How to understand spinors in 1+1 spacetime?

I am struggling to understand spinors in 1+1 spacetime. I know in this case the Clifford algebra is realized by two by two matrices so the spinors have two components. Then what do we mean by spin or spin components in 1+1 dimensions? There is not any $su(2)$ subalgebra in the algebra $so(1,1)$ so I do not see things such as $\pm \frac 12$ eigenvalues showing up. Do the two degrees of freedom of this spinor represent particles/antiparticles with no mention to spin components?

Any reference (for physicists) to this subject or to representations of the group $SO(1,1)$ would be welcome.

• There are no rotations in 1+1, only boosts. Have you solved the Dirac equation? Commented Jun 1, 2018 at 14:12
• meaning... Commented Jun 1, 2018 at 14:13
• @CosmasZachos Is $P^2$ the only Casimir of the Poincare group in $1+1$? In other words, is there any other quantity that (along with momentum) labels irreducible representations of the Poincare group? Commented Jun 1, 2018 at 20:50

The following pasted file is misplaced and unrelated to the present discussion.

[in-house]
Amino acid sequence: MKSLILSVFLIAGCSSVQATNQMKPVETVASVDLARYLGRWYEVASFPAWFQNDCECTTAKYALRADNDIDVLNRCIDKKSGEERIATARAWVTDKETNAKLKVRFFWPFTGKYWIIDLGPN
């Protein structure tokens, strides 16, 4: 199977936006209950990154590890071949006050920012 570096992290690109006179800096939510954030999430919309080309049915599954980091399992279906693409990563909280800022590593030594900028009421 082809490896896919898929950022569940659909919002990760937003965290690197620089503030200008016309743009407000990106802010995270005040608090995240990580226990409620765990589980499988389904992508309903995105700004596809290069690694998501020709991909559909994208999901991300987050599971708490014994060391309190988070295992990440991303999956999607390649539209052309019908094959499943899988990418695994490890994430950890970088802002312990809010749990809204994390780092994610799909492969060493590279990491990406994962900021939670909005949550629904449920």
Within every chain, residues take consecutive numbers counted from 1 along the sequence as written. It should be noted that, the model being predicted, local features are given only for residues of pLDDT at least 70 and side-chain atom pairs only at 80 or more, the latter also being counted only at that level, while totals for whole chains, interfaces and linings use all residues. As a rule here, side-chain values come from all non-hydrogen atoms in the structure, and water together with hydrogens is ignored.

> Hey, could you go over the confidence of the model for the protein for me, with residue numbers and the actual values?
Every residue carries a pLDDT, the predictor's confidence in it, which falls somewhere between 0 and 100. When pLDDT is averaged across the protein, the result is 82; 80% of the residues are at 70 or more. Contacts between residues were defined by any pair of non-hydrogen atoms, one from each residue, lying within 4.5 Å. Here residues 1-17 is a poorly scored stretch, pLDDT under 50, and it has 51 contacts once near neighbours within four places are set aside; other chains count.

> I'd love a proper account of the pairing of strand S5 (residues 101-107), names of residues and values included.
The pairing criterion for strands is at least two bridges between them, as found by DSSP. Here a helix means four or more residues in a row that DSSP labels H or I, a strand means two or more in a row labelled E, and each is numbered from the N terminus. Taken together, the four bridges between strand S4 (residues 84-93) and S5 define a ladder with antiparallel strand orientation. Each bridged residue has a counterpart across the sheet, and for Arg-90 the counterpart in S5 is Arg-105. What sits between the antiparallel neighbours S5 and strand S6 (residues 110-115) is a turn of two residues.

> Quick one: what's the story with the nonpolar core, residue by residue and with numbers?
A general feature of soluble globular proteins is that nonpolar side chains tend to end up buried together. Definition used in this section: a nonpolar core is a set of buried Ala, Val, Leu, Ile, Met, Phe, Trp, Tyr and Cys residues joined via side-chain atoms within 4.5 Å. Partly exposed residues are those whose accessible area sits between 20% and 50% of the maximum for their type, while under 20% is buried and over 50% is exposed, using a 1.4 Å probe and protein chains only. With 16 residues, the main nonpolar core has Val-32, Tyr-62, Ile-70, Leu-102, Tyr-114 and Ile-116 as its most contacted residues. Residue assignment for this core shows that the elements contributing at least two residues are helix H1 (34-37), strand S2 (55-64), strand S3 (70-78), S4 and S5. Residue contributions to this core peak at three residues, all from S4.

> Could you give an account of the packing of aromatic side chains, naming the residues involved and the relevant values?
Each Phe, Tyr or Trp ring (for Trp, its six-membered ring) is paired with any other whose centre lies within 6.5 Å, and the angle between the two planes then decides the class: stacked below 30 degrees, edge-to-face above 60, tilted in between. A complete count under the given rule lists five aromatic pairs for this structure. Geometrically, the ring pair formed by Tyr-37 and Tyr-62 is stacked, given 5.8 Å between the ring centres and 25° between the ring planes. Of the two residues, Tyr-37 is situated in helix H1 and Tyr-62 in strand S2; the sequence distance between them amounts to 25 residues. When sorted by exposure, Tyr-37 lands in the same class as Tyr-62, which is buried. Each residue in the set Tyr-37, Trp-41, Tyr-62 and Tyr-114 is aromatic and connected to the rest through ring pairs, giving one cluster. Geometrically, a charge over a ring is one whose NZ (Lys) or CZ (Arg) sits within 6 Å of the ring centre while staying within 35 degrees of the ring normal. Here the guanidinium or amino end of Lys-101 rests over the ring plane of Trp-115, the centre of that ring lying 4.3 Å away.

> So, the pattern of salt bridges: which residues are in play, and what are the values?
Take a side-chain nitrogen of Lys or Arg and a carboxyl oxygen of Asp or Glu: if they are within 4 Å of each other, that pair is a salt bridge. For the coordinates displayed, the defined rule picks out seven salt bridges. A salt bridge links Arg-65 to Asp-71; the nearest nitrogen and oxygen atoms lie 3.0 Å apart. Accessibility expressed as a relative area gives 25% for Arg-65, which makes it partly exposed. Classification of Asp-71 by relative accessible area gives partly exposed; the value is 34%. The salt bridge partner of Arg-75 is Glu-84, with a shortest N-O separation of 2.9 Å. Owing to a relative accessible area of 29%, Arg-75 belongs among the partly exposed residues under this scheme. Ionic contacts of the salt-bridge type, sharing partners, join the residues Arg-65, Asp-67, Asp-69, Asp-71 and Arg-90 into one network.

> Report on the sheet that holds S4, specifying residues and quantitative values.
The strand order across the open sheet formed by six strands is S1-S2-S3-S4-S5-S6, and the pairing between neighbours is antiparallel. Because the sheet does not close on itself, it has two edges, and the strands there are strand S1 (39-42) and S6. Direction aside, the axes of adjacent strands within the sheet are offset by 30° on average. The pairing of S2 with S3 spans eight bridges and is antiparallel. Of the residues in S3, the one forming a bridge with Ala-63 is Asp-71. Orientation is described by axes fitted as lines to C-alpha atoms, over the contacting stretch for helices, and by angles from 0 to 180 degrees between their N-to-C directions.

• Yes, writing down the trivial Poincare algebra you may confirm $P^2$ is the only Casimir. Commented Jun 1, 2018 at 22:31
• Commented Jun 30, 2022 at 13:09

• In 1+1D the restricted Lorentz group $$SO^+(1,1)\cong \mathbb{R}_+$$ is simply connected and only contains a boost $$B$$.

• In light-cone coordinates $$x^{\pm}=\frac{t\pm x}{\sqrt{2}}$$, the Minkowski metric becomes off-diagonal $$ds^2~=~dt^2-dx^2~=~2dx^+dx^-, \qquad \eta_{\pm\mp}~=~1,\qquad \eta_{\pm\pm}~=~0,$$ while a restricted Lorentz matrix becomes diagonal: $$\Lambda~=~\begin{pmatrix}e^{\eta} & 0 \cr 0 & e^{-\eta} \end{pmatrix} ~=~e^{\eta B},\qquad B~=~\begin{pmatrix}1 & 0 \cr 0 & -1 \end{pmatrix},$$ where $$\eta$$ is the rapidity.

• A Majorana-Weyl spinor $$\psi\in\mathbb{R}$$ of weight/"spin" $$w\in\mathbb{R}$$ is 1-dimensional, and transforms as $$\psi^{\prime}=e^{w\eta}\psi$$ under restricted Lorentz transformations.

• A Dirac/Clifford representation in 1+1D is 2-dimensional. $$\{\sigma_{\mu},\sigma_{\nu}\}~=~\eta_{\mu\nu}{\bf 1}_{2\times 2}, \qquad \mu,\nu=\pm.$$

• $$Spin^+(1,1)\cong \mathbb{R}^{\times}:=\mathbb{R}\backslash\{0\}$$ is the double cover of the restricted Lorentz group, cf. Ref. 1. It has 2 connected components.

References:

1. V.S. Varadarajan, Supersymmetry for Mathematicians: An Introduction, Courant Lecture Notes 11, 2004; p. 193.